Judd Steiner and Artie Straus have it all: wealth, intelligence, and the world at their feet as part of the elite, upper-crust Jewish community of 1920s Chicago. Artie is handsome, athletic, and popular, but he possesses a hidden, powerful sadistic streak and a desire to dominate. Judd is a weedy introvert, a genius who longs for a companion whom he can idolize and worship. Obsessed with Nietzsche’s idea of the superhuman, both boys decide to prove that they are above the laws of man by arbitrarily picking and murdering a Jewish boy in their neighborhood.
This new edition of Meyer Levin's classic literary thriller Compulsion reintroduces the fictionalized case of Leopold and Loeb – once considered the "crime of the century" – to a new generation. This incisive psychological portrait of two young murderers seized the imagination of an era and is generally recognized as paving the way for the first non-fiction novel. Compulsion forces us to ask what drives some further into darkness, and some to seek redemption.
Heartbreaking as it is gripping, Compulsion is written with a tense and penetrating force that led the Los Angeles Times to call Levin, “the most significant Jewish writer of his times.”
Two wealthy law-school students go on trial for murder in this version of the Leopold-Loeb case.
Release Date: April 1, 1959
Release Time: 103 minutes
Orson Welles as Jonathan Wilk
Diane Varsi as Ruth Evans
Dean Stockwell as Judd Steiner
Bradford Dillman as Artie Strauss
E. G. Marshall as District Attorney Harold Horn
Martin Milner as Sid Brooks
Richard Anderson as Max Steiner
Robert F. Simon as Police Lt. Johnson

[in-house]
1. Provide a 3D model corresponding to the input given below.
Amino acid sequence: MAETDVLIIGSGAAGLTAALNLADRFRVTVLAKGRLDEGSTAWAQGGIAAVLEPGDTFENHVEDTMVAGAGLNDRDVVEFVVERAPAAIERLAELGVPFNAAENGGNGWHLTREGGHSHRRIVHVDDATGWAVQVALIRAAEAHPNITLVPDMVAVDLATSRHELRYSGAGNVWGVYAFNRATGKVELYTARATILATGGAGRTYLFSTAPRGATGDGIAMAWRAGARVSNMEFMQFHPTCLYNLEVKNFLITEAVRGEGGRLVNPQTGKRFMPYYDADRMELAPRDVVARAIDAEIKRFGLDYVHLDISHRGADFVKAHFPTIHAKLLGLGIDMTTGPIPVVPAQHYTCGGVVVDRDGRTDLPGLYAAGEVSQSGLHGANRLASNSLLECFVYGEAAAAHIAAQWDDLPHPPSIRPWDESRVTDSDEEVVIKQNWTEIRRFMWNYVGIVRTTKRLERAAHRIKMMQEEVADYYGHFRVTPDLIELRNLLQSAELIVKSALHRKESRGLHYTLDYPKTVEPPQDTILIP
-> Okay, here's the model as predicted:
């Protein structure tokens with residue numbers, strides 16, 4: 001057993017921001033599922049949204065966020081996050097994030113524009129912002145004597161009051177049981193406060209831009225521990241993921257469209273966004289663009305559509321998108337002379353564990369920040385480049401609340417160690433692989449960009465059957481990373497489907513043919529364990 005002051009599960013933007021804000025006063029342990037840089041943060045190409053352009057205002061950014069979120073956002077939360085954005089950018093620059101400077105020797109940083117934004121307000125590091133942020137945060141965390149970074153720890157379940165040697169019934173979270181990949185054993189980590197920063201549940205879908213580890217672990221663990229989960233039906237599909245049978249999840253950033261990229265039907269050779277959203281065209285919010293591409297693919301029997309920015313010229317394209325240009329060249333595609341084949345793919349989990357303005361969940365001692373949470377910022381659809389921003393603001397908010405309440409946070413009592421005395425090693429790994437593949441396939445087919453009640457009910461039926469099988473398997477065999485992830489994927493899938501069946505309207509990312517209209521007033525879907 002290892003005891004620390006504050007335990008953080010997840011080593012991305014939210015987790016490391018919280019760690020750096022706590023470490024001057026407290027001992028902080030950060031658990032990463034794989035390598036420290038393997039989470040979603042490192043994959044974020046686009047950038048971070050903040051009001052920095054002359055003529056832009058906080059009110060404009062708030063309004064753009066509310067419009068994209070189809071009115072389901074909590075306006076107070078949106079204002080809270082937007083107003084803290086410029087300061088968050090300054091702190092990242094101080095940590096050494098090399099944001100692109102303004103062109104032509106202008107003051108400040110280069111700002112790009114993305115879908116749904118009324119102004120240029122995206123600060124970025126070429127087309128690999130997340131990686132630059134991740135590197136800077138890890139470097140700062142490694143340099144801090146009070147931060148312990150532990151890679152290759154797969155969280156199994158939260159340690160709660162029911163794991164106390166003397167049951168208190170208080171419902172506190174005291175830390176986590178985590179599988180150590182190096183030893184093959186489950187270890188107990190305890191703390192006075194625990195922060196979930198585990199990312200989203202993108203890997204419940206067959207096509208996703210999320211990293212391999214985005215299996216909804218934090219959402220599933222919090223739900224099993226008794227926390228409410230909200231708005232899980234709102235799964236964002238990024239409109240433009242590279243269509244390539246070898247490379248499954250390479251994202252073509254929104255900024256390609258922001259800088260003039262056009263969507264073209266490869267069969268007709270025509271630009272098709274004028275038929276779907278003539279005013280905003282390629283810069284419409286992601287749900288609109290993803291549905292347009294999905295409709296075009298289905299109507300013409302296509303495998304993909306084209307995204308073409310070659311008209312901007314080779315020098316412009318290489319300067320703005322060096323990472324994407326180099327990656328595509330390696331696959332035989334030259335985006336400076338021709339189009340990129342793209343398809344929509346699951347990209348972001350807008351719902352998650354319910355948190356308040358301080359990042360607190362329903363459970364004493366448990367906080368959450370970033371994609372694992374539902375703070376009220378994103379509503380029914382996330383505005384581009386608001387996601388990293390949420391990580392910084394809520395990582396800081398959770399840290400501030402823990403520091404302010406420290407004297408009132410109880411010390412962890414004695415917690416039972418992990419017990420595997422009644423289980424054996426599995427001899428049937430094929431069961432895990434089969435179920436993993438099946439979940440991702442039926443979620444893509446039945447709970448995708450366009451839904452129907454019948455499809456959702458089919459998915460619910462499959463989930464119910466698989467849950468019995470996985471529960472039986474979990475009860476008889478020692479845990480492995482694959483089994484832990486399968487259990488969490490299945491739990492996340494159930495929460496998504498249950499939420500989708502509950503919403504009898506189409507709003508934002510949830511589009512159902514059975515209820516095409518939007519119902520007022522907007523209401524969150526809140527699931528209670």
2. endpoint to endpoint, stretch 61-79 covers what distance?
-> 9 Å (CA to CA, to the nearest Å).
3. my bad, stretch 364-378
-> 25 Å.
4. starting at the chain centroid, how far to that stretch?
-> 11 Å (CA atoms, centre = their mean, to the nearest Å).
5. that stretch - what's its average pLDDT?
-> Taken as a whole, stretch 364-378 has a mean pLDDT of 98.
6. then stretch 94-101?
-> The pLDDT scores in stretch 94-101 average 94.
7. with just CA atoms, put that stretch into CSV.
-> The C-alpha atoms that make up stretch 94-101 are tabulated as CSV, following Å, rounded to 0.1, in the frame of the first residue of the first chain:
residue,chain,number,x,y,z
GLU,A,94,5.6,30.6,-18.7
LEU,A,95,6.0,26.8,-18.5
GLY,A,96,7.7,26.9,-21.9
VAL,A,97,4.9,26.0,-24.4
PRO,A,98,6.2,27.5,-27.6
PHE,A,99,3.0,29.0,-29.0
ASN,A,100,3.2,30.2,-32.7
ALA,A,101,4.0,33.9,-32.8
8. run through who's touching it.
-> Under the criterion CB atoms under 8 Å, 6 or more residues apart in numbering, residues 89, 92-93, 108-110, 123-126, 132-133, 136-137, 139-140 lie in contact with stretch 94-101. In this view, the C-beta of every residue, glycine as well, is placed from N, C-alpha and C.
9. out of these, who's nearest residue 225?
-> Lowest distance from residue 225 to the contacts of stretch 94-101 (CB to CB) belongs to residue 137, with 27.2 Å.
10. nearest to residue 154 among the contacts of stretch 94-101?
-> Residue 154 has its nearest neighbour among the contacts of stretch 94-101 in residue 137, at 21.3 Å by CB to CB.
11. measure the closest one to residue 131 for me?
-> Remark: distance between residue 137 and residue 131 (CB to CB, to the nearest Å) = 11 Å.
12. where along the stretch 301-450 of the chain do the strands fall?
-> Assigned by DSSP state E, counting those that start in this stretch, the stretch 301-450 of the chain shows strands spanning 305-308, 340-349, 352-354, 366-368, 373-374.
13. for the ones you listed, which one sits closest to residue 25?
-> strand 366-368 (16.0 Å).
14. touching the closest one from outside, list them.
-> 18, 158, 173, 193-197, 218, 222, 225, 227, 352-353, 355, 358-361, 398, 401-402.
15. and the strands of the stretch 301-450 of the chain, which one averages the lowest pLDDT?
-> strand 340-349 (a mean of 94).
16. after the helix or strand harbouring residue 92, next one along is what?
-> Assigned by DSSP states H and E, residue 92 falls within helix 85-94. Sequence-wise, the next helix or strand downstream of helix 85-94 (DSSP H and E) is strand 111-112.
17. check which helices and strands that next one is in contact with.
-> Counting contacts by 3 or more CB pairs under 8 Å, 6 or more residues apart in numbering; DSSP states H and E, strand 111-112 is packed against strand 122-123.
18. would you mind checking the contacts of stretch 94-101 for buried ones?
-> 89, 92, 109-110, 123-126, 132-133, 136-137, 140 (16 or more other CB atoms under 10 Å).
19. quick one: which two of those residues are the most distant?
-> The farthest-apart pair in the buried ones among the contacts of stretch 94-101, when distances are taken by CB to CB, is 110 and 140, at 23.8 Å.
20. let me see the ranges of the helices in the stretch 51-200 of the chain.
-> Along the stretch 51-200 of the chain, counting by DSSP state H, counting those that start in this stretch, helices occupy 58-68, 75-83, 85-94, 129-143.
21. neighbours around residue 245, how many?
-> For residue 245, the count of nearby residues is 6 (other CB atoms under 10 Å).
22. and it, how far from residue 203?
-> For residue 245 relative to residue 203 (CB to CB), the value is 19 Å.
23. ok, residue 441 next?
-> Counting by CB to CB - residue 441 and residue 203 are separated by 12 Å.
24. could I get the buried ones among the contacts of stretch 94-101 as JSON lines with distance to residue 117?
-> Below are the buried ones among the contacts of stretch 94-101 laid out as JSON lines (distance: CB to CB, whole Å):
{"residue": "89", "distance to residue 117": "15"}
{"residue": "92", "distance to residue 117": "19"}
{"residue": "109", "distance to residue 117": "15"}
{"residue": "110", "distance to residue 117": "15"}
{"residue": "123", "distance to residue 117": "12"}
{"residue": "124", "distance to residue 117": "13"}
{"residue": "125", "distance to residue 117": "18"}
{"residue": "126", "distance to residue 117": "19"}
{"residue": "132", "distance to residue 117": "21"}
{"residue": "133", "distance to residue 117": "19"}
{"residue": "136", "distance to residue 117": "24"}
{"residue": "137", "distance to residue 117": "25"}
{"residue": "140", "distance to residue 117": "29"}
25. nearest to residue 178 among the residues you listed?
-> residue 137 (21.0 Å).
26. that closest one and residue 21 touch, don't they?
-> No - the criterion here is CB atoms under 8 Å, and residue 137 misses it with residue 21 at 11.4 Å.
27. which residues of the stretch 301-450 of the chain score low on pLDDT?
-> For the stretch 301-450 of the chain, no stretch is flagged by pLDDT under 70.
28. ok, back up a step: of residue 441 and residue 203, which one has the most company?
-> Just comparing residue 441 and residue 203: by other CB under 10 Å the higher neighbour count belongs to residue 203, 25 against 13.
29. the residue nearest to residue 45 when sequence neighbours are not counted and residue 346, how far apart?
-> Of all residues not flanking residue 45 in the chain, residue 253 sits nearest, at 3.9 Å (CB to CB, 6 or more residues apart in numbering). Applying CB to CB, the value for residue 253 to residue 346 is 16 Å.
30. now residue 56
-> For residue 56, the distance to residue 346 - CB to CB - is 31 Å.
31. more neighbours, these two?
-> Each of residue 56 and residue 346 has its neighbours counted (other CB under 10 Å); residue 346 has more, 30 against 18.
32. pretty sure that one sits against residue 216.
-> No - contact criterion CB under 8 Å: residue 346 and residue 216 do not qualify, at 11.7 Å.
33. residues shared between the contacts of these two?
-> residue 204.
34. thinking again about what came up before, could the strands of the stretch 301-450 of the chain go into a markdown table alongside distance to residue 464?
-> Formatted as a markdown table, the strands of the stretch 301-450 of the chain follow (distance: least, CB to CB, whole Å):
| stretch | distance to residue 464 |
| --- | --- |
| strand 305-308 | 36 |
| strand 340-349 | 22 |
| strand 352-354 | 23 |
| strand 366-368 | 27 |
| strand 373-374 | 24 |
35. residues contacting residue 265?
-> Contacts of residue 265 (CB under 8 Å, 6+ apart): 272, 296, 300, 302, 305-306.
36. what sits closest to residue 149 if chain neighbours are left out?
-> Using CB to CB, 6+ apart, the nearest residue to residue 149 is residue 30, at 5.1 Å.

Edward Binns as Tom Daly
Robert Burton as Charles Straus
Wilton Graff as Mr. Steiner
Louise Lorimer as Strauss's mother
Gavin MacLeod as Padua – Horn's Assistant
Terry Becker as Angry Reporter
Richard Fleischer - Best British Film - Nominated
From The Editors of Encyclopaedia Britannica--
Meyer Levin, (born October 8, 1905, Chicago, Illinois, U.S.—died July 9, 1981, Jerusalem), American author of novels and nonfiction about the Jewish people and Israel.
Levin first became known with the novel Yehuda (1931). In 1945 he wrote and produced the first Palestinian feature film, My Father’s House (book, 1947), which tells of Jews who are driven out of Poland and reunite in Palestine. Other major works are Citizens (1940)—about the 1937 steel strikes in Chicago, in which 10 strikers were killed—and Compulsion (1956)—about the Leopold-Loeb murder case.
From 1933 to 1939 Levin worked as an associate editor and film critic with Esquire magazine and was a reporter of the loyalist side in the Spanish Civil War. He was also a war correspondent during World War II. Other works include The Settlers (1972) and The Illegals (1977), a film telling the story of the journey of Jewish immigrants from Poland to Israel.